Where we stand: A summary of the Martin Place hostage crisis

CENTRAL Sydney has been thrown into chaos as up to 50 people remain at the mercy of at least two gunman inside the luxurious Lindt Chocolate Café in Martin Place.

By targeting the beloved café, the two who stormed the store at 9.44am Sydney time on Monday ensured that Australia's financial centre was forced to shut down.

>>AS IT HAPPENS: Up to 50 hostages held captive in Sydney's Martin Place cafe

Blocks surrounding the Lindt store have been evacuated - many sent home, but plenty more left trapped in their offices as they wait for an all clear.

One of the hostage takers has consistently used someone inside the store as a "human shield".

Those nearby noticed the increasing activity near the café, assuming it was some kind of attempted robbery.

Within the hour, customers and staff were forced up against windows and a black flag with Arabic script was held up.
It is believed to be the Black Standard flag that is likely linked to a radical Islamic group splintered from ISIS.

This was now a hostage situation.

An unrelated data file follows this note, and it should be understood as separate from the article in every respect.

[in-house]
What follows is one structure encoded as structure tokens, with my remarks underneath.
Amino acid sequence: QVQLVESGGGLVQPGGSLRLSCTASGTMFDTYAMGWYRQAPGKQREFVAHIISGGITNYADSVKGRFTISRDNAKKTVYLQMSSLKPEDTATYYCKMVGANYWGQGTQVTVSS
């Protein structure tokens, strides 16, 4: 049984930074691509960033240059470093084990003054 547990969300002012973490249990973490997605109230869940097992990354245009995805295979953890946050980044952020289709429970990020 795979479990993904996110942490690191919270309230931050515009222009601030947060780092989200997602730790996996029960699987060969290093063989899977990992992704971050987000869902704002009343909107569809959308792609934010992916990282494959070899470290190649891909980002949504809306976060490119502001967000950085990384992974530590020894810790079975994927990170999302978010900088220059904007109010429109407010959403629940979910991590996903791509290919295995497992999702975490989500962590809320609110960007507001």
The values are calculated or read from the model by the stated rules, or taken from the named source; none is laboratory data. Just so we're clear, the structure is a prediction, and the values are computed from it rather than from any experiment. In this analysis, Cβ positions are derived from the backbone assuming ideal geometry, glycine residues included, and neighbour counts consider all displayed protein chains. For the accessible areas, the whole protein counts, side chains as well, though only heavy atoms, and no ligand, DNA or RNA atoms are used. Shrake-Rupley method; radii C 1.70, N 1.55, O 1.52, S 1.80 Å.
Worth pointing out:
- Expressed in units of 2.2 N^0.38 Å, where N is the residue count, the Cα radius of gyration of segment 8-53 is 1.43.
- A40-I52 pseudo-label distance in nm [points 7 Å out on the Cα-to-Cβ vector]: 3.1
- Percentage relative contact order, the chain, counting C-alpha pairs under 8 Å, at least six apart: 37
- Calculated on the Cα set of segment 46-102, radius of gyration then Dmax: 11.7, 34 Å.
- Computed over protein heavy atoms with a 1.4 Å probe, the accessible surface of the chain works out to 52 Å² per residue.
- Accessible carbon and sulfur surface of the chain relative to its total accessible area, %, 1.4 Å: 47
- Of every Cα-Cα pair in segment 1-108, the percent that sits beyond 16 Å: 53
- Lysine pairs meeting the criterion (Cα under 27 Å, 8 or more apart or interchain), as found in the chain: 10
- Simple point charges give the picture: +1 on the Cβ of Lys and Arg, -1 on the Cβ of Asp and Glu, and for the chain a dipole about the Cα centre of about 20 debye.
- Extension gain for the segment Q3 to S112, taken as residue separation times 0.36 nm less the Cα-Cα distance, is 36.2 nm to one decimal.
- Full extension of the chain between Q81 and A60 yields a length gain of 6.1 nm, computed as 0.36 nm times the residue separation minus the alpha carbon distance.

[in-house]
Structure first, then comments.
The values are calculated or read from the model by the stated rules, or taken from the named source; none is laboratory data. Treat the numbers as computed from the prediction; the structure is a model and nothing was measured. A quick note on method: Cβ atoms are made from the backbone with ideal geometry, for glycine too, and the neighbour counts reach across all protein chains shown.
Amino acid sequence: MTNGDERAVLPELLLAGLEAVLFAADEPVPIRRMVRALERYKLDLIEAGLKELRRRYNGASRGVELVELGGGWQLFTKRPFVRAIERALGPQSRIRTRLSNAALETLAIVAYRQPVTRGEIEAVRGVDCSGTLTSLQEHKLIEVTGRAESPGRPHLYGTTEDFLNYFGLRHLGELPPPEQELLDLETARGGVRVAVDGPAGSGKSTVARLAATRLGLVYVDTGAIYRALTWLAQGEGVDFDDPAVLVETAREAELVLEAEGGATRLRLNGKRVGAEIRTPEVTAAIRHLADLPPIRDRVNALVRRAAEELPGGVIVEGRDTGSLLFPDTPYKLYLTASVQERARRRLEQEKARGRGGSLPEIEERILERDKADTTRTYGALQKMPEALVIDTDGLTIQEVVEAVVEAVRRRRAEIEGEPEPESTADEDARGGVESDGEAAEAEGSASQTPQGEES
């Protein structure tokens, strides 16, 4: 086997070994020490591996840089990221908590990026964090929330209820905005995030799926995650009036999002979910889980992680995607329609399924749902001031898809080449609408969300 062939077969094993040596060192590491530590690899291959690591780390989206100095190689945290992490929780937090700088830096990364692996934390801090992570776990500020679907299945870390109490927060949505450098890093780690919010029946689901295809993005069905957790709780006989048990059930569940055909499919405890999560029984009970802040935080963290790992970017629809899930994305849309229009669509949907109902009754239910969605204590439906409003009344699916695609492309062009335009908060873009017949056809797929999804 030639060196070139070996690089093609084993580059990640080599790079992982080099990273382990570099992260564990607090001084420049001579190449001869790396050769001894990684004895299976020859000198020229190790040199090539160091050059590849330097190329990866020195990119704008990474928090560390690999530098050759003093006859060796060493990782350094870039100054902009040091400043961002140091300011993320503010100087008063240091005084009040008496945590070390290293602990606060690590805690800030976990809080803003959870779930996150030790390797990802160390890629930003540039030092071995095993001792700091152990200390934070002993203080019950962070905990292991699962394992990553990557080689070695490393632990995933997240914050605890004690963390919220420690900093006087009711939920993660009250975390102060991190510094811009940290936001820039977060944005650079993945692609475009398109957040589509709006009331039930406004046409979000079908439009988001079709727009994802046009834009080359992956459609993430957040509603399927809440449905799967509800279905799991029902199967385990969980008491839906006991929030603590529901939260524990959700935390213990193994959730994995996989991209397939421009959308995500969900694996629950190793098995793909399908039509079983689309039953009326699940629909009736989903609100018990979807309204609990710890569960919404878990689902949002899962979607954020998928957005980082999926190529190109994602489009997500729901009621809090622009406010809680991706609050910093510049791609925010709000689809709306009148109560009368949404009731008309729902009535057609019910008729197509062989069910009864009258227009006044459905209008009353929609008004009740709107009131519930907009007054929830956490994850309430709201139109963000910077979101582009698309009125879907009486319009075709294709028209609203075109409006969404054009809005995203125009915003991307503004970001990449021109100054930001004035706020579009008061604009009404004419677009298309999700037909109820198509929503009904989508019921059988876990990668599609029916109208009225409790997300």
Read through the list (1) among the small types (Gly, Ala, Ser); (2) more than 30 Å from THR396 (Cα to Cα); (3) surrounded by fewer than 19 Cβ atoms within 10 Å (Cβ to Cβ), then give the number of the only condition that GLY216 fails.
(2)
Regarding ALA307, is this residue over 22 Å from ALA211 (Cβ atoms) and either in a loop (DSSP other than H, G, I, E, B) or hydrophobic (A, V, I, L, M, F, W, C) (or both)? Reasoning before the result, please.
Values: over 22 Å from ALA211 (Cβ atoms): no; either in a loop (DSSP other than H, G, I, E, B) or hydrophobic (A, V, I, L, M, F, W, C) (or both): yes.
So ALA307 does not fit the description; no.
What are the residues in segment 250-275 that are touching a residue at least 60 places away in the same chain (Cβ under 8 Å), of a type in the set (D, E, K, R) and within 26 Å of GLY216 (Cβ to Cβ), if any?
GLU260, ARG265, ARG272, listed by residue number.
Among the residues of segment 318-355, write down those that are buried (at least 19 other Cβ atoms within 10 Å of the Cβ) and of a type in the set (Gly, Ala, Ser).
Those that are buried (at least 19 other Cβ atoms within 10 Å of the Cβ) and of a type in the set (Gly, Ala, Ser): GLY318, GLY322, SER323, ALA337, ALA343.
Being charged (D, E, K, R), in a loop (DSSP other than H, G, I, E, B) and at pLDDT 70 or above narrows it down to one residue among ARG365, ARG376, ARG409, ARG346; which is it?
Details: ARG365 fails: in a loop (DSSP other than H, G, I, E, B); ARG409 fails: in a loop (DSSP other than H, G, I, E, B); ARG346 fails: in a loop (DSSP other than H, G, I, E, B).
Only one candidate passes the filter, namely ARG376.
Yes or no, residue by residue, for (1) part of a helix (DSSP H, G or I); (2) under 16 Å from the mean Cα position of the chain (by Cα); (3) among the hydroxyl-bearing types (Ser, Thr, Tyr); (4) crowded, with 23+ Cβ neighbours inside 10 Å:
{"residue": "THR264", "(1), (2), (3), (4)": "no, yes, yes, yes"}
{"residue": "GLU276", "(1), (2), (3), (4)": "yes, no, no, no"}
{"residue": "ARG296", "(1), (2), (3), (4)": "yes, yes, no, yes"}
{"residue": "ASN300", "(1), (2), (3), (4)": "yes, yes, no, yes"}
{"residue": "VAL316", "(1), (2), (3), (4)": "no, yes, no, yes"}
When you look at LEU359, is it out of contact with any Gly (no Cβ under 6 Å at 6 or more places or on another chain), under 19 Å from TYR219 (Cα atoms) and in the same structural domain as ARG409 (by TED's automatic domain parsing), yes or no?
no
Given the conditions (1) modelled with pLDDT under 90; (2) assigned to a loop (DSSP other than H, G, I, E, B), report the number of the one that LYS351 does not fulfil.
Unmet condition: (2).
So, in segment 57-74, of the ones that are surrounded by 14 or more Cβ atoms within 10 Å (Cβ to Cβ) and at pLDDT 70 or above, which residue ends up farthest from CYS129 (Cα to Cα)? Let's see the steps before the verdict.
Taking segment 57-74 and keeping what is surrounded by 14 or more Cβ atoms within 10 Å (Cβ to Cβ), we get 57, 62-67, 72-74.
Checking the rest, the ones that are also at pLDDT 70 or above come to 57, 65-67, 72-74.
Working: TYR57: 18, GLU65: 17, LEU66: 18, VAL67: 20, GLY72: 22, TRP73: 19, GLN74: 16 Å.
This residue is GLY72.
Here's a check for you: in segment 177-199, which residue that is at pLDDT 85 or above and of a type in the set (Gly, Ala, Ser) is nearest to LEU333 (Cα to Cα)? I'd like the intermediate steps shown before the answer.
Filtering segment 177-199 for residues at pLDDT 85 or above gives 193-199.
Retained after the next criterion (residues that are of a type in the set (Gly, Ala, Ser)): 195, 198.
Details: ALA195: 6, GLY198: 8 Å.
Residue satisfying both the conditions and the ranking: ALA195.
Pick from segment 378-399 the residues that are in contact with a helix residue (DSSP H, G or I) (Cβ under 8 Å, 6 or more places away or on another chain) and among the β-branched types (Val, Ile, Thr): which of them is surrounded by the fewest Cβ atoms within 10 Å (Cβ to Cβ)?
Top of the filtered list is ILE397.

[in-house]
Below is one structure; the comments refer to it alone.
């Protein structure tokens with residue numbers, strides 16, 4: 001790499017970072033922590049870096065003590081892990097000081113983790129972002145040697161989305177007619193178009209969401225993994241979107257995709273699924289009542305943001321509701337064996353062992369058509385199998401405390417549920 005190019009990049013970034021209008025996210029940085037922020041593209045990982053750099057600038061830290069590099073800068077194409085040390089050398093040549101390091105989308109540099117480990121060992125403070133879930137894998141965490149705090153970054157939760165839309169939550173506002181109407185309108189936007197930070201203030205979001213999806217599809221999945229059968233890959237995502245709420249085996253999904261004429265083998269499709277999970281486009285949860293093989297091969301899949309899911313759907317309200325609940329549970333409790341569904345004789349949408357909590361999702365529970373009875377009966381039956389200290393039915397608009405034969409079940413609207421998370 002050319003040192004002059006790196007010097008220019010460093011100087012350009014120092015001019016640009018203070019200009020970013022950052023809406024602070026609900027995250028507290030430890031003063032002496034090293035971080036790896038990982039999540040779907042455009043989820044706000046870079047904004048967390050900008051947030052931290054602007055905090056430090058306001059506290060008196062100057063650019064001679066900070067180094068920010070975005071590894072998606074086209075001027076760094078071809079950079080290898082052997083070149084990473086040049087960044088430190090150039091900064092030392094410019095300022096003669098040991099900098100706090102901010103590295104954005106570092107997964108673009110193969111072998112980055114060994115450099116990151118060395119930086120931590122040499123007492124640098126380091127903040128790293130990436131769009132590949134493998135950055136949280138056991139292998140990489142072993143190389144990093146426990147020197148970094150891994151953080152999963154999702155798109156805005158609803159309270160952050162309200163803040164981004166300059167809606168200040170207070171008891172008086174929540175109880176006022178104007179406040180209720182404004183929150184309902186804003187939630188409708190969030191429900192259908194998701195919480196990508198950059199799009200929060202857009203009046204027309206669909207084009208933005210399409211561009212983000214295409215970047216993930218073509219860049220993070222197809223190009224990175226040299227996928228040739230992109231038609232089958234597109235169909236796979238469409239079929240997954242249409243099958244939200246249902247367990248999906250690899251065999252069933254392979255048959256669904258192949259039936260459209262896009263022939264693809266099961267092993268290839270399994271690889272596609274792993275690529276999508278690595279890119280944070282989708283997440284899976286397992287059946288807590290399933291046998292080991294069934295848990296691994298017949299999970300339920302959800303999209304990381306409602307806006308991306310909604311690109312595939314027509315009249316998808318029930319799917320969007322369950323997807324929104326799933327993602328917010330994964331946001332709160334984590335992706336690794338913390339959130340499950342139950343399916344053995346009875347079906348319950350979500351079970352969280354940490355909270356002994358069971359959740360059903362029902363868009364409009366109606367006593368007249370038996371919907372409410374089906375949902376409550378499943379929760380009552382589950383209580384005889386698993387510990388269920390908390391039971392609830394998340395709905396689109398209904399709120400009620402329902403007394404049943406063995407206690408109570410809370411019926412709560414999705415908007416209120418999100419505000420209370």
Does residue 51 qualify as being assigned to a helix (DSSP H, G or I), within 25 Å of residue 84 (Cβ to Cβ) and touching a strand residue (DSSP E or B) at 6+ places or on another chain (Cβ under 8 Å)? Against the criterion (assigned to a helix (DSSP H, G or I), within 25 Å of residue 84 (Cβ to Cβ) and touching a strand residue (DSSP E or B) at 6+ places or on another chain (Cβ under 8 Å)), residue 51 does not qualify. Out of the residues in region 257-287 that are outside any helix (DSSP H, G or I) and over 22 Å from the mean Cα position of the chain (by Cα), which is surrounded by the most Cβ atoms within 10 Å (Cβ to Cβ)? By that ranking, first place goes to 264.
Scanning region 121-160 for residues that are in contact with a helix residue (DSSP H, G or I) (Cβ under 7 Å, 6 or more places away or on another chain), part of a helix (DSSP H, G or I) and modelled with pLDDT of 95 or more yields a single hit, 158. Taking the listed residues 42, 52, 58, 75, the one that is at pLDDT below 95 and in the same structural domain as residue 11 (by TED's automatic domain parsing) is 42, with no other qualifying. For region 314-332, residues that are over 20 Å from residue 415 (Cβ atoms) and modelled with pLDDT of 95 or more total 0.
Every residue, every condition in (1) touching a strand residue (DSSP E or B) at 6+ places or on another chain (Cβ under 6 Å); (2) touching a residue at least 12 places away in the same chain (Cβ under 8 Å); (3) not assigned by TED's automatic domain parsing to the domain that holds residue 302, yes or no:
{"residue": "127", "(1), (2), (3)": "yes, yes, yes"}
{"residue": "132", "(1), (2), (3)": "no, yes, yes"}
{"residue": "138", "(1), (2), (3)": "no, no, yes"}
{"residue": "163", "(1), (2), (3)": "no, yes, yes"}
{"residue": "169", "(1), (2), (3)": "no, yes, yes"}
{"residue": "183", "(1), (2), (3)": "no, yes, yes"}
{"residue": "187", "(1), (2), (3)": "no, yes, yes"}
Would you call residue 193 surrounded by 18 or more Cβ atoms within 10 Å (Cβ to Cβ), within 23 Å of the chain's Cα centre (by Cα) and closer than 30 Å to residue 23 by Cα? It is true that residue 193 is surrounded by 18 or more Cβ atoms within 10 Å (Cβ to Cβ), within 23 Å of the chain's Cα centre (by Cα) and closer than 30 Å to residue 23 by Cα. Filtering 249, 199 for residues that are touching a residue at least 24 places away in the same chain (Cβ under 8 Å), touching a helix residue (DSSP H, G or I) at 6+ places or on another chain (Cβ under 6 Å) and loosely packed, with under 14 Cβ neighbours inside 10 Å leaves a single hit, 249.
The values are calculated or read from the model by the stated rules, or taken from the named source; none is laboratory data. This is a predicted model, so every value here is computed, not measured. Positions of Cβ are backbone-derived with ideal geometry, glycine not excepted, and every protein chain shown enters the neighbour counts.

>>ANALYSIS: Lindt hostages 'sitting on a powderkeg', says Ware
 

One of the staffers from the nearby BNP Paribas building spoke to APN earlier today:

"We were initially told it was an armed hold up so we were actually taking it very lightly. We thought it was a thug wanting cash," she said.

"As soon as we saw the Islamic flag you could see the realisation on everyone's faces that this is really serious.

"I am terrified there is children in there, David Jones is just down the street so there are heaps of mums with kids going to see Santa and hanging around Martin Place.

 

Speculation has been rife through the media, with reports those in control of the store were demanding to speak to Prime Minister Tony Abbott, that they have "devices" located throughout the city, and perhaps even have explosives on themselves.

Mr Abbott has acknowledged the unfolding siege, but only to give his confidence in armed authorities and urge Australians to go about "business as usual".

"The whole point of politically motivated violence is to scare people out of being themselves.

"Australia is a peaceful, open, and generous society. Nothing should ever change that, and that's why I would urge all Australians today to go about their business as usual."

Mr Abbott is walking his talk by having Treasurer Joe Hockey present his mid-year Budget update, even as the siege unfolds.

Premier Mike Baird said this attack was "testing" the public and police "but whatever the test, we will face it head on and we will remain a strong, democratic, civil society".

"Our thoughts and prayers are with those who are caught up in the situation and we say to them, we are with them."

NSW Police Commissioner Andrew Scipione vowed to "work as long as we need to bring this to an outcome".
 



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